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This paper focuses on various analogue and numerical design strategies that were developed and implemented to generate pre-defined, free-form surfaces with parametrically differentiated bending-active components. Derived from recent research on bending-active plate structures, the authors present two case studies which both focus on the seamless interaction of material, form, and structure. Both systems illustrate a novel approach to the realisation of double curved, free-form structures by means of bending. The two systems were built in prototypical mock-ups to evaluate their geometry and structural capacity. While the resulting geometries are complex, the use of elastic bending during the assembly process allows for simple manufacturing methods. Thin plastic sheets, which are easy to cut and bend, were manipulated by simple, two-dimensional fabrication techniques and assembled into multi-layered, bent structures that are stiff and self-supporting. After a general introduction on bending-active plate structures, the authors present the key design principles used for the development of the two case studies and conclude with a reflection and comparison of these techniques.
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Proceedings of the International Association for Shell and Spatial Structures (IASS)
Symposium 2015, Amsterdam
Future Visions
17 - 20 August 2015, Amsterdam, The Netherlands
Design strategies for bending-active plate structures out of
multiple cross-connected layers
Andreas SCHÖNBRUNNER*, Nicola HABERBOSCHa, Riccardo LA MAGNAa,
Simon SCHLEICHERab, Julian LIENHARDa, Jan KNIPPERSa
*Institute of Building Structures and Structural Design (ITKE), University of Stuttgart
Keplerstr. 11, 70174 Stuttgart, Germany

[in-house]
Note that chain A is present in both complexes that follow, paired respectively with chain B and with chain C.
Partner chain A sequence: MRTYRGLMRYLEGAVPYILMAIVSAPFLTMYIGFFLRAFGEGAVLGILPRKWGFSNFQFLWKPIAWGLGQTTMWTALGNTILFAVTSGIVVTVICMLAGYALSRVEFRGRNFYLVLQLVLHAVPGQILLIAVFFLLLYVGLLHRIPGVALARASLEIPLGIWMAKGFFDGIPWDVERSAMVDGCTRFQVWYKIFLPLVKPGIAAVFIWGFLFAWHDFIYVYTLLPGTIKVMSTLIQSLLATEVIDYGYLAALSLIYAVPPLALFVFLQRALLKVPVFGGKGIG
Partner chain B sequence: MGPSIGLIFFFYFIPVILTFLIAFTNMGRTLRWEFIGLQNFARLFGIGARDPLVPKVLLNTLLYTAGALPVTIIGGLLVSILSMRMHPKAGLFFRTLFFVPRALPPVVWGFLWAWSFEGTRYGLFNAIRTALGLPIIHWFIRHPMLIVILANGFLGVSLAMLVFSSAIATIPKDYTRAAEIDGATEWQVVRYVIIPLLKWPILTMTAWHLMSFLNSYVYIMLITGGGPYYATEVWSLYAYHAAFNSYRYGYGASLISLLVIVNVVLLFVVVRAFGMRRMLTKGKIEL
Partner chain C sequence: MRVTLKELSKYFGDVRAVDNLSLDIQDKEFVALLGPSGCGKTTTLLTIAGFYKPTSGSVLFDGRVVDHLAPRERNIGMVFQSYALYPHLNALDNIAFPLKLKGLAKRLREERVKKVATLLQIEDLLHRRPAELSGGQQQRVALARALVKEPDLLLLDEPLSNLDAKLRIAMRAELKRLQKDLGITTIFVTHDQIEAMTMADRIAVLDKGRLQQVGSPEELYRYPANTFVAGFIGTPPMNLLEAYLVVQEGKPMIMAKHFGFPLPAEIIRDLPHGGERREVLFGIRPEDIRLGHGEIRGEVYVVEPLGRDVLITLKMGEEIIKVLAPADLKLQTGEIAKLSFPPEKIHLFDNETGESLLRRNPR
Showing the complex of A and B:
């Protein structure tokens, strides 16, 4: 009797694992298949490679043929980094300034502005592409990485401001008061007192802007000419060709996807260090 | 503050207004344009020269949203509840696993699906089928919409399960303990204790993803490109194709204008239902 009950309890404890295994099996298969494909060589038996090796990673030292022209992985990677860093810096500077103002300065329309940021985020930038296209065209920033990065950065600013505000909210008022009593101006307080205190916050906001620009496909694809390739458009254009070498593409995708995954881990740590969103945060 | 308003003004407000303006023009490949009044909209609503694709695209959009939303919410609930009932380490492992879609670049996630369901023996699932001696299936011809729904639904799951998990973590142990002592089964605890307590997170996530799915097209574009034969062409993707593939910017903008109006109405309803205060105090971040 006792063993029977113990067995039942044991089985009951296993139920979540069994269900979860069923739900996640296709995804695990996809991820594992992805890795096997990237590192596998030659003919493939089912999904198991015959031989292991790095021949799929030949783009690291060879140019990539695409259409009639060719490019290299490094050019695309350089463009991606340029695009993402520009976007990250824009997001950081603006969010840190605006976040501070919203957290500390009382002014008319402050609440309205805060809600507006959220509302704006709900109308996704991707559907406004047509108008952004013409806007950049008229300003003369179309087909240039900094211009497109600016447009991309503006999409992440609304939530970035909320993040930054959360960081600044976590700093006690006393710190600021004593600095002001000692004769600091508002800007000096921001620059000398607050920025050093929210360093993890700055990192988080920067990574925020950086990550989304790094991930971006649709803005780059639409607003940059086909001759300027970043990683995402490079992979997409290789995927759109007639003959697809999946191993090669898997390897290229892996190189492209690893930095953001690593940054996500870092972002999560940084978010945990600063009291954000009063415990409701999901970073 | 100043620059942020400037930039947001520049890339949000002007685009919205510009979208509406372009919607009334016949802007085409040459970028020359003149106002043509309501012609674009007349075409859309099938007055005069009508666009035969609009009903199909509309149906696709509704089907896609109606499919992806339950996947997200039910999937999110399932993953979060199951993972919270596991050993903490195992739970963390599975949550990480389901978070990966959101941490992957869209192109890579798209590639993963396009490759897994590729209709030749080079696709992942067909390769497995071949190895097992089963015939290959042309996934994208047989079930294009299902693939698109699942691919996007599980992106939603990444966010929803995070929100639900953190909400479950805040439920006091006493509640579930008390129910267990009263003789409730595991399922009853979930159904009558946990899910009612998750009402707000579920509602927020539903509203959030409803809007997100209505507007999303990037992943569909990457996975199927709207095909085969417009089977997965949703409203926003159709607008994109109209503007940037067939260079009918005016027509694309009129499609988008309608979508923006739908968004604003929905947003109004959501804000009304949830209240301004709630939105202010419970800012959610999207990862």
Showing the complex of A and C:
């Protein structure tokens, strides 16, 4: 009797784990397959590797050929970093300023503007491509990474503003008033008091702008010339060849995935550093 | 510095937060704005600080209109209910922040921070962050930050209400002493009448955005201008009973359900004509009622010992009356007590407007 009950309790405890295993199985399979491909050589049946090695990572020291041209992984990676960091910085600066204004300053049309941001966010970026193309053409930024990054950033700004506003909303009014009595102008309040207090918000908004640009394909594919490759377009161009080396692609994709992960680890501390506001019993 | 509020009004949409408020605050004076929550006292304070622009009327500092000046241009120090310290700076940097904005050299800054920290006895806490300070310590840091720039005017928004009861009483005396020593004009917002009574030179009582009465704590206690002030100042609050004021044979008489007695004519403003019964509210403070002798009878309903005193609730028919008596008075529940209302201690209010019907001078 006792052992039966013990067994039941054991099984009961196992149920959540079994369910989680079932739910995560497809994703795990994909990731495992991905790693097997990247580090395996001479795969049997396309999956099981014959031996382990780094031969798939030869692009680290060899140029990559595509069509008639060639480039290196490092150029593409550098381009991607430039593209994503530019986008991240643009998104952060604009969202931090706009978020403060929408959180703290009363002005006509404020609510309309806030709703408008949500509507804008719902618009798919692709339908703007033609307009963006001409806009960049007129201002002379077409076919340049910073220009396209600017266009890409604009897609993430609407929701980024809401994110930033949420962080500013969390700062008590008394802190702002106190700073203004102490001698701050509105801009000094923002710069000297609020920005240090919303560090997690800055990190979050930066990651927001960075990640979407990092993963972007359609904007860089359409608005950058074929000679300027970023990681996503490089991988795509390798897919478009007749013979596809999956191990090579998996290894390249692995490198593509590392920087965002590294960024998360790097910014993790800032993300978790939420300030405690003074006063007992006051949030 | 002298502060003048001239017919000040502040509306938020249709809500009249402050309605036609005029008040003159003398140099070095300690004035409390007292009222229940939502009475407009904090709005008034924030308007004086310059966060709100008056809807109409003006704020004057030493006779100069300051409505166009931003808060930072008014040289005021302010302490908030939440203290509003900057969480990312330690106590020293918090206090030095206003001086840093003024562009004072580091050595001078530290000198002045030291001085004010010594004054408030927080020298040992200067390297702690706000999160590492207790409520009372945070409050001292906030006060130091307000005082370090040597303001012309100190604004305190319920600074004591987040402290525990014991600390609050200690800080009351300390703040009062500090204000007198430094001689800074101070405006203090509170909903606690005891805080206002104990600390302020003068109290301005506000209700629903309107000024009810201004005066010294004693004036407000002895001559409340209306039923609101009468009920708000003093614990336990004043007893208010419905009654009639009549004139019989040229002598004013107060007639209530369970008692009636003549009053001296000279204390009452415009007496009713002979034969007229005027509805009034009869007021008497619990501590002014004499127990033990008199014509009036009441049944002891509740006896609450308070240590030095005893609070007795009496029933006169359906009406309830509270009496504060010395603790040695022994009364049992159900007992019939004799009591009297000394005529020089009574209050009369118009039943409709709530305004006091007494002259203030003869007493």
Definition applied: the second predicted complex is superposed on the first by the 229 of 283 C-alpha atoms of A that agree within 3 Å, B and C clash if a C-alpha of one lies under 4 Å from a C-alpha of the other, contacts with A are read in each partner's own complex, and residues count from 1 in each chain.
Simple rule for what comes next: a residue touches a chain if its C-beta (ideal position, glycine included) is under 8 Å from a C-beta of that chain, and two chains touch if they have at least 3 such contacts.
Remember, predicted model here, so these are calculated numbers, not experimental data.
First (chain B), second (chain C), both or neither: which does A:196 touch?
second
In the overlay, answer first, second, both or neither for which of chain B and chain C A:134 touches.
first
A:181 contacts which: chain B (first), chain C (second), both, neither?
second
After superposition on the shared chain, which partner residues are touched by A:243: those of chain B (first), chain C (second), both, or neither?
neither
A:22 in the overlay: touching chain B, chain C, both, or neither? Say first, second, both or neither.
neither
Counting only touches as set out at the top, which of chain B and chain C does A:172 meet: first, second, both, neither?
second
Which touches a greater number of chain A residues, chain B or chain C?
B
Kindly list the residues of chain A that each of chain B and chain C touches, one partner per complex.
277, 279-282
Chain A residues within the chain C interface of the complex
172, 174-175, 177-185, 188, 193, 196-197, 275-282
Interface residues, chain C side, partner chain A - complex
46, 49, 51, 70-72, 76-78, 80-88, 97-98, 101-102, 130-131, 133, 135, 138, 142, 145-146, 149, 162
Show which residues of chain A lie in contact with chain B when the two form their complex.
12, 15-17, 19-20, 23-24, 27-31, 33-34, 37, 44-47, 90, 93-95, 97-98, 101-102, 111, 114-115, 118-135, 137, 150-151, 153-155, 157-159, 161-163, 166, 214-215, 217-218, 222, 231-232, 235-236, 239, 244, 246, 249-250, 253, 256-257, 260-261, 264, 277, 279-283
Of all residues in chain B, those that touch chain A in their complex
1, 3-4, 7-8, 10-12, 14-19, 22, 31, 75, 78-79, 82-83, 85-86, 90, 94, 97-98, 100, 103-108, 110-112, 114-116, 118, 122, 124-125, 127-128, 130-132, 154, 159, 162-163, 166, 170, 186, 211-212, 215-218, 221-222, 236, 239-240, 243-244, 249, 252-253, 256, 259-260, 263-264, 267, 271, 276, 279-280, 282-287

schoenbrunner@str-ucture.com
a Institute of Building Structures and Structural Design (ITKE), University of Stuttgart, Germany
b College of Environmental Design (CED), University of California, Berkeley, USA
Abstract
This paper focuses on various analogue and numerical design strategies that were developed and
implemented to generate pre-defined, free-form surfaces with parametrically differentiated bending-
active components.
Derived from recent research on bending-active plate structures, the authors present two case studies
which both focus on the seamless interaction of material, form, and structure. Both systems illustrate a
novel approach to the realisation of double curved, free-form structures by means of bending. The two
systems were built in prototypical mock-ups to evaluate their geometry and structural capacity. While
the resulting geometries are complex, the use of elastic bending during the assembly process allows
for simple manufacturing methods. Thin plastic sheets, which are easy to cut and bend, were
manipulated by simple, two-dimensional fabrication techniques and assembled into multi-layered,
bent structures that are stiff and self-supporting.
After a general introduction on bending-active plate structures, the authors present the key design
principles used for the development of the two case studies and conclude with a reflection and
comparison of these techniques.
Keywords: bending-active structures, plate structures, multi-layer systems, easy-assembly, flatbed
manufacturing technology, computational design, structural morphology, free-form geometry.
Proceedings of the International Association for Shell and Spatial Structures (IASS) Symposium 2015, Amsterdam
Future Visions
1. Introduction
Using elastic bending to create curved, load-bearing structural elements has recently gained increasing
attention since this construction method opens numerous possibilities. It is particularly interesting